Our Board of Trustees
Alison Swan Parente MBE DL - Founder
Alison studied social anthropology at LSE and went on to have a long career as a child psychotherapist both in the USA and then the NHS.
She was a long time Chair of Trustees at the Women’s Therapy Centre in London and Trustee of many other charities. On “retirement” she founded the School of Artisan Food, a not-for-profit organisation that not only aims to raise aspirations, revive lost skills and provide routes into employment but looks at the future of sustainable food in a rapidly changing economic and environmental context. Alison is in the livery of The Worshipful Company of Bakers, is a Dame d’Éscoffier and is on the Council of Sustain.
Nick Hatton - Chair
Nick is our Chair of Trustees and an enthusiastic amateur chef and baker.
Nick first came to the school in 2013 as a participant and became a trustee in 2020. He is a chartered accountant and a partner in a global professional services firm.
Alongside his financial expertise, Nick brings a passion for diversity, inclusion and social mobility and strongly believes in opening up access to the world of artisan food production to all, regardless of background.
Fran Warde - Trustee
Joining the board of SAF in 2019 was great honour as it has always been a centre of excellence in my opinion in the teaching of artisan food.
Having trained as a chef, followed by a Management Training Scheme at The Cafe Royal I then packed my bags and worked as a private cook around the world. This broadened my kitchen outlook, influenced my style and gave me the opportunity to start writing cookery books and working as the Food Editor for Red Magazine and writing for other papers and magazines.
I co-wrote the award winning The French Kitchen, The French Market with Joanne Harris along with The Ginger Pig Meat Book and The Ginger Pig Farmhouse Kitchen. My last book was for the charity Maggie's Cancer Care Centres Living well with Cancer with all the profits going to Maggie’s charity.
I founded Cookbook Kitchen , The home of eating for curious cooks and just recenty a group of friends launched the Chiswick Cheese Market which brings together makers, mongers and eaters with over 100 carefully selected cheeses being offered every third Sunday of the month.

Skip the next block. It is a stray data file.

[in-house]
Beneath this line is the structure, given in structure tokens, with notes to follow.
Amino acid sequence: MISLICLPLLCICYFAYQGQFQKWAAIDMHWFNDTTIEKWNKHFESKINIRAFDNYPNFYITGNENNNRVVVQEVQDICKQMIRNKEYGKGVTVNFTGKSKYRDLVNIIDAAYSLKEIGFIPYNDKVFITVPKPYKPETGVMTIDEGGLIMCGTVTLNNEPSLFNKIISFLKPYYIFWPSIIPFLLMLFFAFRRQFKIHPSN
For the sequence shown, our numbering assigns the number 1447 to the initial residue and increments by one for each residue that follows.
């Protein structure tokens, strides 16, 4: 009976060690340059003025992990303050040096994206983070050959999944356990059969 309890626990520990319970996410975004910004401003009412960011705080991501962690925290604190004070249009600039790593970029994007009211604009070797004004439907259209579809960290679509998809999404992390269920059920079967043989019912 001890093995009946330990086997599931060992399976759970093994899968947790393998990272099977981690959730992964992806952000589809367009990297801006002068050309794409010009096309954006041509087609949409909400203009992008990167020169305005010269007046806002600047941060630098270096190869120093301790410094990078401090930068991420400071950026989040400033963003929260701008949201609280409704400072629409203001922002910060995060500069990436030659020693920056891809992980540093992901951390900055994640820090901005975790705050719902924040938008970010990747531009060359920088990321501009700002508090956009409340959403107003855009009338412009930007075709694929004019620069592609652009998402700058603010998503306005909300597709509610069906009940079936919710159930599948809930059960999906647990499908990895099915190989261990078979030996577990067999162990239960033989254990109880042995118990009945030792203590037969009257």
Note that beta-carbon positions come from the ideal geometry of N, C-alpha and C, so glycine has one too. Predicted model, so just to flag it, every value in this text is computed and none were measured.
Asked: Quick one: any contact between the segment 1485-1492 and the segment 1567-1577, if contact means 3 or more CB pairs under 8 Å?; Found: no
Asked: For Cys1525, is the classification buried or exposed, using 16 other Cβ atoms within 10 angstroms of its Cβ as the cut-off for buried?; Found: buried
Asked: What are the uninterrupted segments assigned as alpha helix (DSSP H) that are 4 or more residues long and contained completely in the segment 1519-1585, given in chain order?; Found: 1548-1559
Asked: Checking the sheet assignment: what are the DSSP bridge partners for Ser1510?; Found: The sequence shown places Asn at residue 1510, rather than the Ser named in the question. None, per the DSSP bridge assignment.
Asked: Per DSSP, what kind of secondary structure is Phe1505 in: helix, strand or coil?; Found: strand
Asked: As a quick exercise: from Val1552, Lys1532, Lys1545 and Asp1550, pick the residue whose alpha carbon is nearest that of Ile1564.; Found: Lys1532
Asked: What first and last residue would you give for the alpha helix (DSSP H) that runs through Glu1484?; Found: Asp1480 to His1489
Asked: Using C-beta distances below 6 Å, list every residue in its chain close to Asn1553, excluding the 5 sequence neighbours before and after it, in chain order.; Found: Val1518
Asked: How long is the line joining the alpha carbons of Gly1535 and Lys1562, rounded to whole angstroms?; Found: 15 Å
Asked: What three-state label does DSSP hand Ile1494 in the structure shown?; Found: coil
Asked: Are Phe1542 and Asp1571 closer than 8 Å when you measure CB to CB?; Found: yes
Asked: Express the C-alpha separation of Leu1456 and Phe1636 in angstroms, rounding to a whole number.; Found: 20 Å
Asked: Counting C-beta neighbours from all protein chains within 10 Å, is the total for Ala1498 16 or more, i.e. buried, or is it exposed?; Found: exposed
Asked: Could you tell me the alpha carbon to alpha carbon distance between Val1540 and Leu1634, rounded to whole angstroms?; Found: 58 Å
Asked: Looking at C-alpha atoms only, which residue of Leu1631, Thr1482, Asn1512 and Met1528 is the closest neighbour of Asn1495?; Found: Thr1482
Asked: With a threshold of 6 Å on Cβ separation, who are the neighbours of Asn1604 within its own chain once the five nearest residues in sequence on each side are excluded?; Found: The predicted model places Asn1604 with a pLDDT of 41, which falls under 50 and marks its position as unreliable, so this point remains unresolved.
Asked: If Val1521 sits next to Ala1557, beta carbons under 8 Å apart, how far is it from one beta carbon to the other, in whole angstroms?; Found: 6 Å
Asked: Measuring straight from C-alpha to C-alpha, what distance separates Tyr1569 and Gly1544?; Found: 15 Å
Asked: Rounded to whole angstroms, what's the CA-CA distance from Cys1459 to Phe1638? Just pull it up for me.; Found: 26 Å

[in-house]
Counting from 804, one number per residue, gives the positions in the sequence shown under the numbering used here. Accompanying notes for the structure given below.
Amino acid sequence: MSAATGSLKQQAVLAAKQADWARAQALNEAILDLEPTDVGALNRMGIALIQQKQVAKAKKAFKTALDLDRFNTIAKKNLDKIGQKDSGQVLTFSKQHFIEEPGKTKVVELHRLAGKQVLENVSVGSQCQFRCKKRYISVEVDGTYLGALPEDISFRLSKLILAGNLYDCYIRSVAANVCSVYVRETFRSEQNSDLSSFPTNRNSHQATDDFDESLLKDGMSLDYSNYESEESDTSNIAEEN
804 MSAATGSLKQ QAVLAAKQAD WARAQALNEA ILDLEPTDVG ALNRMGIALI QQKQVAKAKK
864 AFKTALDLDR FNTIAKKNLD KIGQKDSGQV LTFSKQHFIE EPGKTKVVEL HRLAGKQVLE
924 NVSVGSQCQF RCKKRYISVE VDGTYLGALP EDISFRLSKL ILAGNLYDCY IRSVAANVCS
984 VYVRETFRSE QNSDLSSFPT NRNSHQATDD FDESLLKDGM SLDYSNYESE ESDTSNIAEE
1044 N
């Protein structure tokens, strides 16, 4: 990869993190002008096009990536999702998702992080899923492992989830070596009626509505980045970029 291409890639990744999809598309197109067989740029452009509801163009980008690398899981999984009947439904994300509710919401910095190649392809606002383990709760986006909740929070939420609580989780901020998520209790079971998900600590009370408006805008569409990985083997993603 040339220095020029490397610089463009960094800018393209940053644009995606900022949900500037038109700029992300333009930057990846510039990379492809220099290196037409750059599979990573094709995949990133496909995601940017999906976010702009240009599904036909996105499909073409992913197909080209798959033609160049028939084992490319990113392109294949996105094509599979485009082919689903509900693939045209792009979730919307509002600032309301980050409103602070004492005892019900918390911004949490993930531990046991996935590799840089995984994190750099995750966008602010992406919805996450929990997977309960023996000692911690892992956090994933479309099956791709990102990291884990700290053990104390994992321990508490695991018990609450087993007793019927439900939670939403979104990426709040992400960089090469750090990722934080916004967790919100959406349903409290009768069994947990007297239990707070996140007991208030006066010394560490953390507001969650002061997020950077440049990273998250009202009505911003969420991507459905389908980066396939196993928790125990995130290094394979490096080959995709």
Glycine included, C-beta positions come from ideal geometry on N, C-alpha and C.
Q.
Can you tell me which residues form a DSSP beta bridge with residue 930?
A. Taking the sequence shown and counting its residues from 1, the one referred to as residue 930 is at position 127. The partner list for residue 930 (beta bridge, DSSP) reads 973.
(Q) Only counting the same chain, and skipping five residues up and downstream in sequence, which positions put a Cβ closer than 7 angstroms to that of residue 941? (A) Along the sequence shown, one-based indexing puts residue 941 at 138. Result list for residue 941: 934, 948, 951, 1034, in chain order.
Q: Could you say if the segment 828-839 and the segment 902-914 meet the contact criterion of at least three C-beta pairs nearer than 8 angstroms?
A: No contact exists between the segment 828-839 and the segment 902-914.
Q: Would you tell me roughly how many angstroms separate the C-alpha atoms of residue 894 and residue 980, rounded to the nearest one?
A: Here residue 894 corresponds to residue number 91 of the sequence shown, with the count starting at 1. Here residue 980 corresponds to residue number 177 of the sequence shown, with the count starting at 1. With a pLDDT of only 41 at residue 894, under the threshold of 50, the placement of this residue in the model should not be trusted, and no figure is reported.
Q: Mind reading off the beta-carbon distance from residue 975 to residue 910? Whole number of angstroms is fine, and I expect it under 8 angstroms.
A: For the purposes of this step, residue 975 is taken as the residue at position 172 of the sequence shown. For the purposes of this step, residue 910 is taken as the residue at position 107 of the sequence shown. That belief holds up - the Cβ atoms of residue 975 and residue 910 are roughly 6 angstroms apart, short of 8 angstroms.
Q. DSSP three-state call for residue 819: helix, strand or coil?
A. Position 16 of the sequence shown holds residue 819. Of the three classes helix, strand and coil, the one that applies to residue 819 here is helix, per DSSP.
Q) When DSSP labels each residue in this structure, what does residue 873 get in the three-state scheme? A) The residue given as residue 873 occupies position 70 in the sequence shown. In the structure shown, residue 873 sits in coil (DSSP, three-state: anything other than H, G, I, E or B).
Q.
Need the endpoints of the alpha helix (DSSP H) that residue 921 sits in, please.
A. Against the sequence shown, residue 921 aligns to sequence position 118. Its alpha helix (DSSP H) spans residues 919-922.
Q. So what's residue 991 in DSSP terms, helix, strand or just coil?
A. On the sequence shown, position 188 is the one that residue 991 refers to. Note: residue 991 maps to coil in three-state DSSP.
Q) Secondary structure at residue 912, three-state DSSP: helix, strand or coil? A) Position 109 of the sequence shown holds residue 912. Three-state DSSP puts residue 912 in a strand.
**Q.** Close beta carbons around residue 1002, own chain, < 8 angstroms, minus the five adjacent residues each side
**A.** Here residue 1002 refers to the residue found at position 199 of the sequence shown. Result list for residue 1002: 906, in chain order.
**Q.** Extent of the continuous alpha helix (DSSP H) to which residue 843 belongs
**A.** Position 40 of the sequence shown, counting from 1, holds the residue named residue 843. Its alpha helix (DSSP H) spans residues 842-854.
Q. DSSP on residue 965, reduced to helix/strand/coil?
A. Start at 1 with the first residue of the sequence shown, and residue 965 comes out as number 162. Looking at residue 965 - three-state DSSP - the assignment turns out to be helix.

Daniel Jessel - Trustee
Dr Daniel Jessel has degrees from LSE and Oxford and was a Lecturer in quantitative economics at Southampton University before joining Chase Econometrics a subsidiary of Chase Manhattan Bank.
In 1986 Daniel founded and directed the consulting company, MSI Ltd, which was sold in 2008 to Howe Robinson Partners where he is retained as the senior consultant economist. Daniel’s interest in artisan food is almost entirely related to consumption rather than production but he is an ardent supporter of The School of Artisan Food and its charitable objectives and has been its treasurer since 2011.
Susan Amaku - Trustee
Joe Schneider - Trustee
Joe has been involved with the School of Artisan Food since it was founded in 2009, first of all on the advisory board and now as a full Trustee.
Joe was born, and spent his childhood in America where he studied Agricultural Engineering at Cornell University.
Between '95 and '98, Joe and his wife moved to Holland where Audre had secured a job with Philips. Whilst there, Joe met a Turkish gentleman, Caner Gurses, who had just begun making Turkish Feta and as such, Joe’s journey into cheesemaking had begun. Visiting numerous dairies around Holland, he learnt how to make Gouda and different goats’ cheeses.
In '98, the couple moved to Sussex, where he joined a small team on a Biodynamic farm. The farm produced milk, vegetables and meat, and Joe was responsible for processing the milk into cheese, yoghurt, and cream.
In 2001 the couple moved to the Cotswolds where they worked for Lord and Lady Bamford on their Estate. Joe designed and built Daylesford Creamery and produced several cheeses which were sold through Daylesford Organic Farm Shop, as well as to other wholesale and retail customers around the UK. It was here that Joe got to know Randolph Hodgson, owner of Neals Yard Dairy in London.
In 2004 Randolph approached Joe with an exciting project, to return to the traditional way of making stilton cheese using raw milk, on a farm. Randolph had sold the very last of the raw milk Stilton ever produced in England in 1988. Ever since then, the cheese in its proper traditional form has been extinct as all Stilton’s are made in a handful of large factories, and must be made using pasteurised milk.
Joe and Randolph found the Welbeck Estate in Nottinghamshire, who were interested in the project. They had the land, the cows, and the buildings to get this project off the ground, with Joe making the cheese and Randolph selling it. In 2006 this plan became a reality & the very first Stichelton cheese was made on the Welbeck Estate.